- C: Weakest creditworthiness
Moody's also adds a numerical number from 1 to 3 within each rating category for everything other than Aaa-rated bonds (triple-A). For instance, ratings in the double-A category will look like this: Aa1, Aa2, Aa3. 1 is better than 3. To avoid confusion, the letters are by far more important to pay attention to. The number differentiates bonds with a rating category.
Standard and Poor's Ratings
- AAA: "triple-A." Highest rating. Extremely strong creditworthiness.
- AA: "Double A." Very strong creditworthiness.
- A: "Single-A." Strong creditworthiness.
- BBB: "Triple-B." Adequate creditworthiness. Considered the lowest of what is known as an investment-grade bond rating.
Again, you should avoid buying anything below single-A. Definitely avoid anything with the following ratings; they are regarded as speculative by S&P:
- BB: "Double-B"
- B: "Single-B"
- CCC: "Triple-C"
- CC: "Double-C"
- C: "Single-C"
S&P adds a plus "+" or minus "-" at the end of its ratings to differentiate bonds within a category. For instance, for bonds rated "double-A", AA+ is better than AA-.
Fitch has multiple rating systems depending on the type of debt, but its most popular are the National Long-Term Credit Ratings and they are as follows:
- AAA: Denotes the highest rating. This rating is given to those with the lowest default risk relative to all other issuers or obligations in the same country.
- AA: Denotes expectations of very low default risk relative to other issuers or obligations in the same country.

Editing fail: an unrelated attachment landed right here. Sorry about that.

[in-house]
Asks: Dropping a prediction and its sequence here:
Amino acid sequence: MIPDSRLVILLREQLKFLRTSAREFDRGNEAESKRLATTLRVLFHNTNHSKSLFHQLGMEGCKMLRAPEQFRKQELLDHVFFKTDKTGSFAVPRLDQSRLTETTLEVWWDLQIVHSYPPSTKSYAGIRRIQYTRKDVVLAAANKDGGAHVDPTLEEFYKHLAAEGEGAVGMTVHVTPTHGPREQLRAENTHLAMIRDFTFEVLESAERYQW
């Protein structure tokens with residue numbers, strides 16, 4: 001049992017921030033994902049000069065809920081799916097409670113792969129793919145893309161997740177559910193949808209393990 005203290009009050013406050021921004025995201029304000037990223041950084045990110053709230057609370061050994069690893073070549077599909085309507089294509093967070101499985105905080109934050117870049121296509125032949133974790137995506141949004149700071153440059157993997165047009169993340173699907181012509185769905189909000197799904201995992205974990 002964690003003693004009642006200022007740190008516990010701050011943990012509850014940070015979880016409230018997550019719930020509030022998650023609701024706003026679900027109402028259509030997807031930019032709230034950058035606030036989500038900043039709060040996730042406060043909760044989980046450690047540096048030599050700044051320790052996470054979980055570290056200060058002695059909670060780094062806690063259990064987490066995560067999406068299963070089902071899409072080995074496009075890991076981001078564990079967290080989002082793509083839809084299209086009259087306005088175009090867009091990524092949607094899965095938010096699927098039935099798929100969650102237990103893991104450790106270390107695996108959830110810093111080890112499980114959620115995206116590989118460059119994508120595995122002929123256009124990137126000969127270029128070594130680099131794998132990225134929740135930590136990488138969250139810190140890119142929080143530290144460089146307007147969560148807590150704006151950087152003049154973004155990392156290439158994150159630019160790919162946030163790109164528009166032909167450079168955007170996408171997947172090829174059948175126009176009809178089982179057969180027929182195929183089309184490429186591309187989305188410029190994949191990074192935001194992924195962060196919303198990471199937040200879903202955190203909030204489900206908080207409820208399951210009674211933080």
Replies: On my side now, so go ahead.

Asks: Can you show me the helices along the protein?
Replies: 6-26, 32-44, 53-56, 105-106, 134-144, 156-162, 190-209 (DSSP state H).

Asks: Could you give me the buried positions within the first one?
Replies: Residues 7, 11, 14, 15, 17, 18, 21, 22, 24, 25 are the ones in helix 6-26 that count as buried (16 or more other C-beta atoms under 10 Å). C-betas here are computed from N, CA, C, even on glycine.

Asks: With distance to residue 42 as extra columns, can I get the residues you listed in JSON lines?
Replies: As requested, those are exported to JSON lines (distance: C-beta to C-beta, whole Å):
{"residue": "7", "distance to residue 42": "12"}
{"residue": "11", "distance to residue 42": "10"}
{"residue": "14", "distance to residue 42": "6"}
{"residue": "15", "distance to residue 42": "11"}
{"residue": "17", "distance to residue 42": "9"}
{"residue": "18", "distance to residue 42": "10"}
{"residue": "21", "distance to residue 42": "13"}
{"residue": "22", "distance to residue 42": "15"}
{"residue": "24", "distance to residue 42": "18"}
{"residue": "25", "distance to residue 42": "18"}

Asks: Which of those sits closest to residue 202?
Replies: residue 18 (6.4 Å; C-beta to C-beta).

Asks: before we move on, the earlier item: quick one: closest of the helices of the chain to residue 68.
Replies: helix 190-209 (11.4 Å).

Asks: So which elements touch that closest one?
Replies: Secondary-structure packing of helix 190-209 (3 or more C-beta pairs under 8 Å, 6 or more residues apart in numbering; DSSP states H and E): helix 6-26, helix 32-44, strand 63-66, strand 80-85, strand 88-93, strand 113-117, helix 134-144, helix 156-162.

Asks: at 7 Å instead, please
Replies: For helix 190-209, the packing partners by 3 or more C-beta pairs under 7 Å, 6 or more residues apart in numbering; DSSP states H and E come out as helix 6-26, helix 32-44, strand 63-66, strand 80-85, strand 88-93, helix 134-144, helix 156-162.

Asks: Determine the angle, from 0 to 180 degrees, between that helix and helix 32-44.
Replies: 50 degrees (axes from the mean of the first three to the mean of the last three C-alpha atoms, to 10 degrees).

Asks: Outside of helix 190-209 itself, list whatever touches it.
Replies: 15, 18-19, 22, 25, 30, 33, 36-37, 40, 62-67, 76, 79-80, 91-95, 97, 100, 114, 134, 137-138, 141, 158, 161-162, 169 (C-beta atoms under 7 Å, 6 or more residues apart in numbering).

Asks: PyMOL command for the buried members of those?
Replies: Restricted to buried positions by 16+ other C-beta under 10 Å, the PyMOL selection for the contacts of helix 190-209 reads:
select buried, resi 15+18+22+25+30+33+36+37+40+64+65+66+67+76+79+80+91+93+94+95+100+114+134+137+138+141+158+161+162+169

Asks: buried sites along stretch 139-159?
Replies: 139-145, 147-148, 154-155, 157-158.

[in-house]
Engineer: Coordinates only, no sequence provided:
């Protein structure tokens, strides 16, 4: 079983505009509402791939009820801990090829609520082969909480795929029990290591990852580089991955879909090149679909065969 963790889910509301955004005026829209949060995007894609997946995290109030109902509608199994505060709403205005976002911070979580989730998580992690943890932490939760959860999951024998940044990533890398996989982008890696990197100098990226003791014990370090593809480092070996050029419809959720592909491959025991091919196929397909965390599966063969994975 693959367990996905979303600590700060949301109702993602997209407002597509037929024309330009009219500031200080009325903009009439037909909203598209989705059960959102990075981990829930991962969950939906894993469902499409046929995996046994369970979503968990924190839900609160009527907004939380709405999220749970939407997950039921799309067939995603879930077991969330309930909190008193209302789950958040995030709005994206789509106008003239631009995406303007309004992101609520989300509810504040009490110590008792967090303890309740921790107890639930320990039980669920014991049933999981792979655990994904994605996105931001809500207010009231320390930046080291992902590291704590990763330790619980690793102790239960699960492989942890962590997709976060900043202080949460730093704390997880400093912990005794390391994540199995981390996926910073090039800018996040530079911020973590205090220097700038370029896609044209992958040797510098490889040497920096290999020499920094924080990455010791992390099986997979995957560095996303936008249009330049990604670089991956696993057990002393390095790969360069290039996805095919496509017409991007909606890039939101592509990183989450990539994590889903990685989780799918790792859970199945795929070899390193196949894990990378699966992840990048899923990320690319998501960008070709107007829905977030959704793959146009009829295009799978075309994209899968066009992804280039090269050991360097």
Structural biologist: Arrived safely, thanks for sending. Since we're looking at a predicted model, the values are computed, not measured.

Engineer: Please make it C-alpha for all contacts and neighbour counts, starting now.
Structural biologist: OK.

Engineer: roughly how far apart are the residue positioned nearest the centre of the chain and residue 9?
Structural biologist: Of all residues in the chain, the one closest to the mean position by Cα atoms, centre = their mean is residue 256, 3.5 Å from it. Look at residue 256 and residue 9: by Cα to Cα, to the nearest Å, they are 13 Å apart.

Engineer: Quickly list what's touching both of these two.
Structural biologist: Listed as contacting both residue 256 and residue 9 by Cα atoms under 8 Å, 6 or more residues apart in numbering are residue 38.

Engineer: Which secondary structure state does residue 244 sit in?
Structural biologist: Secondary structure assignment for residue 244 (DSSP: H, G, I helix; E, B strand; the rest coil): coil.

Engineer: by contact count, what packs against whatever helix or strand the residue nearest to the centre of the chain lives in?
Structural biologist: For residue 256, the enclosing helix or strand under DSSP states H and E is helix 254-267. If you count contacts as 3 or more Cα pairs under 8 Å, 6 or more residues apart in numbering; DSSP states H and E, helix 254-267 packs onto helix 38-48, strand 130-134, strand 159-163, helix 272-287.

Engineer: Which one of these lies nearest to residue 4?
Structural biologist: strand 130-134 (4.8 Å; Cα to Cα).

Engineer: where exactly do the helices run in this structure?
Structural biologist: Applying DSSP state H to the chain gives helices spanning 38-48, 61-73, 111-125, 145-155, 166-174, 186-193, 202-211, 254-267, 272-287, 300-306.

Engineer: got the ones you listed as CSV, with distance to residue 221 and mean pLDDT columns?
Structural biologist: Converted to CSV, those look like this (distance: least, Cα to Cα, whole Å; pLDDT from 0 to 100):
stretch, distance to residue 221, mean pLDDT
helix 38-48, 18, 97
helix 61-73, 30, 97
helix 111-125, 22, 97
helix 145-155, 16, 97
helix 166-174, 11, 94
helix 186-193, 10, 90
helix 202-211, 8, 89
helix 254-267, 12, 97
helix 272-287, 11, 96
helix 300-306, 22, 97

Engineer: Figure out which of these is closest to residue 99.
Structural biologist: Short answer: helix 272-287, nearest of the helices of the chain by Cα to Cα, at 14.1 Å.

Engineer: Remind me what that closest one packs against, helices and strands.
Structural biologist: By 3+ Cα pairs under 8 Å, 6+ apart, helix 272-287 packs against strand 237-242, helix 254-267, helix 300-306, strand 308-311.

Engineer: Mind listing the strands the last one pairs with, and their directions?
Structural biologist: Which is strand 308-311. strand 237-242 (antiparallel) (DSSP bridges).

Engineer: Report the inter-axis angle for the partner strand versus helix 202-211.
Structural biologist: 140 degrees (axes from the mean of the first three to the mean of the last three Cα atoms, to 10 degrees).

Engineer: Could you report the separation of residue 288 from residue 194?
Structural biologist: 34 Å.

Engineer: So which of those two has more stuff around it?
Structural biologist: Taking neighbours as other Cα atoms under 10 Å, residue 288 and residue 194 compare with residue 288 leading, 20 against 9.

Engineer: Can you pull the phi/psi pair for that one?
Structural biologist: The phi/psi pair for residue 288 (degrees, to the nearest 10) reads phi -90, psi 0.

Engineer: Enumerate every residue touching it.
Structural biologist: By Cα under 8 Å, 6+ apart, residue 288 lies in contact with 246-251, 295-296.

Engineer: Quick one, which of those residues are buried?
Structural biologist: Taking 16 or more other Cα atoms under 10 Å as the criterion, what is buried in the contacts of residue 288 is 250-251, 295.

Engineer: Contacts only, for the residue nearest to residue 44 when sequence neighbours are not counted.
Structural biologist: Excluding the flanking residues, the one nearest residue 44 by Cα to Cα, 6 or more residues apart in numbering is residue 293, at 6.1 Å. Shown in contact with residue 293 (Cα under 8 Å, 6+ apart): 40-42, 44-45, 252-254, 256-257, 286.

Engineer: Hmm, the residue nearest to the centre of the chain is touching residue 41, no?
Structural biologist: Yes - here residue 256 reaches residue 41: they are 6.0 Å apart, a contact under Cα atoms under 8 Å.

- A: Denotes expectations of low default risk relative to other issuers or obligations in the same country.
- BBB: Denotes a moderate default risk relative to other issuers or obligations in the same country.
- BB: Denotes an elevated default risk relative to other issuers or obligations in the same country.
- B: Denotes a significantly elevated default risk relative to other issuers or obligations in the same country.
- CCC: Denotes that default is a real possibility.
- CC: Denotes that default of some kind appears probable.
- C: Denotes that default is imminent.
Upgrade and Downgrades. On an ongoing basis, Moody's and S&P upgrade or downgrade bond issuers and bond issues. For instance, if a state's fiscal picture is deteriorating, Moody's may downgrade a state's rating. For example, it could go down from Aaa down to Aa.
When a bond issuer gets downgraded, the yield on the bonds from that issuer will usually go up; this is to compensate prospective buyers of the bonds for a perceived increase in risk reflective of the lowered rating. For existing bondholders, the price of the bonds they hold will go down. A change in rating could mean little to an existing bondholder provided that 1) the bondholder does not plan on selling the bonds prior to maturity, and 2) the bonds do not default.
In 2011, S&P downgraded U.S. debts from AAA to AA, the first-ever downgrade since it gave the U.S. the top grade back in 1941. The move came as very controversial, as the Obama administration accused the credit rating agency of grossly overstating national debt. Moody's stuck with its Aaa for the U.S., creating even more of a stir as the two top agencies disagreed on the classification of the country's debts.
In the next couple of chapters, we will review the default characteristics of various types of issuers, history of municipal bond defaults, and recovery rates.